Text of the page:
On Broker’s Tour recently, an agent was walking out of a condo and turned to the listing agent and asked if there was anything unusual in the CC&Rs. The listing agent said that in fact there was something a little unique. “Lawyers are not allowed to live in this building.” While this may seem odd (and I, personally, do not want to be excluded from any buildings!), there was a case in the ’90’s involving a Bakersfield, CA, development company called Burlington Homes which would not sell a new home to a lawyer named Timothy Liebaert. Mr. Liebaert told the salesperson that he was a lawyer and; thereafter, the company refused to sell him the home. Not surprisingly, Mr. Liebaert sued Burlington Homes for discrimination. Since a profession is not a protected class like race, sex. and religion, Mr. Liebaert did not prevail in his initial lawsuit. http://tinyurl.com/p8zatyy
When you buy a condominium, you become a member of a homeowner’s association. This association is governed by CC&Rs (Covenants, Conditions and Restrictions). These are rules and regulations which prescribe how the homeowner’s association operates and how the owners (and their tenants or guests) must act. They are legally enforceable by the HOA. It is important that as a buyer you read all of them. However, there are a few specific things you should look out for, like whether or not lawyers are allowed.
Other things that are important to understand are what, if any, parking you have with your unit. There are several options – deeded, exclusive use, assigned and leased. Also, is it side by side or tandem (one behind the other)? Make sure you know which type is being offered. Take a good look at the condo map. For example, if you are being told that you have exclusive use of a parking space, this should be noted on the condo map (for example as P-1). It should additionally be enumerated in the CC&Rs in the section that discusses exclusive use areas. I have represented people where the parking space on the map differed from the parking space we were told came with the unit. Sometimes neighbors informally switch or unknowingly switch but this should be straightened out before you get into contract.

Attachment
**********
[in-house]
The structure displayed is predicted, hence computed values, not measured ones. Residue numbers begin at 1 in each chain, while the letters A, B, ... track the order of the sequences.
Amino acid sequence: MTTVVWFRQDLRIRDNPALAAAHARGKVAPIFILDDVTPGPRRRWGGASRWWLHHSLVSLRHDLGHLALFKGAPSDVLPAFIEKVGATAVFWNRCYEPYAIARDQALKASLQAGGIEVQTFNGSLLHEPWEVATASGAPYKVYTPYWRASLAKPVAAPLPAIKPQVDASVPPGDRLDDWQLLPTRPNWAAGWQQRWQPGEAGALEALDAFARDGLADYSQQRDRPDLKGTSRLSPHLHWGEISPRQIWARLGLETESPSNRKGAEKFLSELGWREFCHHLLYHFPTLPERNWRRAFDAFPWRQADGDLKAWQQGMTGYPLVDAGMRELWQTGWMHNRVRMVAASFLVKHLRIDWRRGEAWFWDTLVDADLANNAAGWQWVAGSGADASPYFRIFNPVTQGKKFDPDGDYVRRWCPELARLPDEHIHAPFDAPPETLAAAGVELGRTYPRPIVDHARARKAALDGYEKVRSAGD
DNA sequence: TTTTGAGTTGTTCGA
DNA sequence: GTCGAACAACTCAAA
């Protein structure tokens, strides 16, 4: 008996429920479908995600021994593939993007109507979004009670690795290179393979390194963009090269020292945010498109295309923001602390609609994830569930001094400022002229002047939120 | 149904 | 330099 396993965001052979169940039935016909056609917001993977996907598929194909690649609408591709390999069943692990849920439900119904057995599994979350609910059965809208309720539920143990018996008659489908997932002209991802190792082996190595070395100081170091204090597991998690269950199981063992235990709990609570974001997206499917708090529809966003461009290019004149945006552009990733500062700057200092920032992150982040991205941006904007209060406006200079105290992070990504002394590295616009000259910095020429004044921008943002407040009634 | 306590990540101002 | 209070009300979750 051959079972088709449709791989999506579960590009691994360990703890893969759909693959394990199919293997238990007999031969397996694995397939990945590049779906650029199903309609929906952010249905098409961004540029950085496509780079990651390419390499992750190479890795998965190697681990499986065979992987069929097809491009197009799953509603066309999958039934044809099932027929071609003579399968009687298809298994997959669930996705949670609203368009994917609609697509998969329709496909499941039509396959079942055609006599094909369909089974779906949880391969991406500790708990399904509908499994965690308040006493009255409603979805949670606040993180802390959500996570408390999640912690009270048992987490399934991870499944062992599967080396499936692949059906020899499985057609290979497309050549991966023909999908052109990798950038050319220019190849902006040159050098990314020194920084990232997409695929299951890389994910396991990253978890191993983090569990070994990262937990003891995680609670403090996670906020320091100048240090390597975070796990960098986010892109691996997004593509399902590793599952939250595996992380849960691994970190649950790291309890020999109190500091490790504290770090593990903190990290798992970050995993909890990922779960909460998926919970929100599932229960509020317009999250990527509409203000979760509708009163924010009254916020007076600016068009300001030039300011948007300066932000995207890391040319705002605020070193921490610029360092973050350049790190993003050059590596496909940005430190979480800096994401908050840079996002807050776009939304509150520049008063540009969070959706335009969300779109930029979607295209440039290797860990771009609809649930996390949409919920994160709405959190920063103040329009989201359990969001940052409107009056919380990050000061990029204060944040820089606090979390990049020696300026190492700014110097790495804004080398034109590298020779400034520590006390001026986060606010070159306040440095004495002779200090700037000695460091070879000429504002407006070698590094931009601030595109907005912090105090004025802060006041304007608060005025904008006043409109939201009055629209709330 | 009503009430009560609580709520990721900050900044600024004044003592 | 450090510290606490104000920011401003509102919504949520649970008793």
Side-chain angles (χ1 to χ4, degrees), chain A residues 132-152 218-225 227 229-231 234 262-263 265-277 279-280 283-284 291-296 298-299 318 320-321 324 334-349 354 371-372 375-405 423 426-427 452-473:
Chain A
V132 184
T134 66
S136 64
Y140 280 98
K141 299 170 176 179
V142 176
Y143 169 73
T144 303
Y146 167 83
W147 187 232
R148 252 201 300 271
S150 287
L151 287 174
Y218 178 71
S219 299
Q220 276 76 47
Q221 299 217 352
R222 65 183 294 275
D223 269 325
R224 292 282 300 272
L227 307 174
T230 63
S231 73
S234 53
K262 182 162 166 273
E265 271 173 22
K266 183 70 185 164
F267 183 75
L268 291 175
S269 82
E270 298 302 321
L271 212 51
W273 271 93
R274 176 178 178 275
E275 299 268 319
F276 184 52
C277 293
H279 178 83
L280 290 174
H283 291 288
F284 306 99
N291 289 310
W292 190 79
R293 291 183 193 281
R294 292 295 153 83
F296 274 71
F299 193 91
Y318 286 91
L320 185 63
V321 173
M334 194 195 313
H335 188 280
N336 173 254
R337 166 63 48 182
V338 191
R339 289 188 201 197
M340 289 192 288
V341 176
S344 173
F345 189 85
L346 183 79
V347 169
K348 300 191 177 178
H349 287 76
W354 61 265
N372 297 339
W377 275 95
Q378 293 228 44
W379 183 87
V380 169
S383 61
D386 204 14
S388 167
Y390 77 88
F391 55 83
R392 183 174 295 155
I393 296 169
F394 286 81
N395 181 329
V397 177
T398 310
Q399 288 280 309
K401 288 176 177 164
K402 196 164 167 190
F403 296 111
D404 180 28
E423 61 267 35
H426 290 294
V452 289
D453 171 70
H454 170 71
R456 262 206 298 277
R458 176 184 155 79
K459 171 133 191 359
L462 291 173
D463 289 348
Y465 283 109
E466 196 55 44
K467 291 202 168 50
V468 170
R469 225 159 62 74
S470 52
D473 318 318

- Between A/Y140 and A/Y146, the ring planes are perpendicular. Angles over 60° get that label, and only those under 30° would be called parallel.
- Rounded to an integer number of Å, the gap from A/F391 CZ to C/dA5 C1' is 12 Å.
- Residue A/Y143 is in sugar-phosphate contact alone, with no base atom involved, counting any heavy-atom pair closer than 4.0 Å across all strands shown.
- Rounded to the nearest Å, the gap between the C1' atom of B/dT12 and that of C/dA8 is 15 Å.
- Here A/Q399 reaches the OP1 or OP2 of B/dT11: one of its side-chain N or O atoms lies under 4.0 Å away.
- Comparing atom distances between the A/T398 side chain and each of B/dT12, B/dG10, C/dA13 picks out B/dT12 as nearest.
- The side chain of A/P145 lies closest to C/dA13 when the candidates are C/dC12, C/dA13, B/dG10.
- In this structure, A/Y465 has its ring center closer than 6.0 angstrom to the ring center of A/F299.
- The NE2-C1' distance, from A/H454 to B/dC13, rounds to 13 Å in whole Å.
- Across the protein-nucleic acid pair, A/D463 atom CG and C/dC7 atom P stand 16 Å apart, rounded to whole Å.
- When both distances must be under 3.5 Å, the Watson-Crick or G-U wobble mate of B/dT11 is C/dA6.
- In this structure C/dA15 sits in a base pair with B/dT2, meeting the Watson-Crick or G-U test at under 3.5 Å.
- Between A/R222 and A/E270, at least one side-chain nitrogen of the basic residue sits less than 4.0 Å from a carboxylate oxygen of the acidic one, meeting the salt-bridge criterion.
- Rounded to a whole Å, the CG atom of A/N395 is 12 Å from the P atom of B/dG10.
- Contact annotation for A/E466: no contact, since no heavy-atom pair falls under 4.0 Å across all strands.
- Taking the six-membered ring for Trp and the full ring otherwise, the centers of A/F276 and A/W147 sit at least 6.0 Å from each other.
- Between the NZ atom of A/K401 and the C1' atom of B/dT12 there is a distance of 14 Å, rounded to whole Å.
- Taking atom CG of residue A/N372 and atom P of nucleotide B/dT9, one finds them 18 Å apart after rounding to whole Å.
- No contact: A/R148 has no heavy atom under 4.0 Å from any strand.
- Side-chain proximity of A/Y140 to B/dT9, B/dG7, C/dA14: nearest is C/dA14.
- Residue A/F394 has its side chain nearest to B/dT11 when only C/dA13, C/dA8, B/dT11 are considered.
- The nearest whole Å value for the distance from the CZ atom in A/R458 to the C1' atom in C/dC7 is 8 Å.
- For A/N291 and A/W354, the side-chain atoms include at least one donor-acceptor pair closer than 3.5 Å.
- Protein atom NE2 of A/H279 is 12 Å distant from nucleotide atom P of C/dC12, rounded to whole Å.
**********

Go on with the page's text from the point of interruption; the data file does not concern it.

Similarly, you want to make sure that the deck that is being called a “private deck,” really is a private deck. If it is not designated on the condo map and in the CC&Rs that it is exclusive use or “deeded to” a particular unit, then it is common space and can be used by anyone who lives there. As a purchaser, you need to know what you are buying.
Pay attention to the pet policy. If you have a pet, you want to make sure that your pet will be allowed to reside with you in the building. Some buildings have very strict pet policies, even down to the breed of the dog, so you want to make sure that your dog is included. If you are buying into a building where pets are not allowed or there is a limit on the number of pets, don’t think that you can bypass this rule. I sold a condo in Noe Valley back in 2000 and fully disclosed the pet policy which stated that no dogs were allowed. The couple that bought it decided after living there for awhile that they wanted a dog. The building had four units. It’s kind of hard to sneak a dog into a 4 unit building. Once it was discovered, they were told that either the dog or they had to go. They chose to go.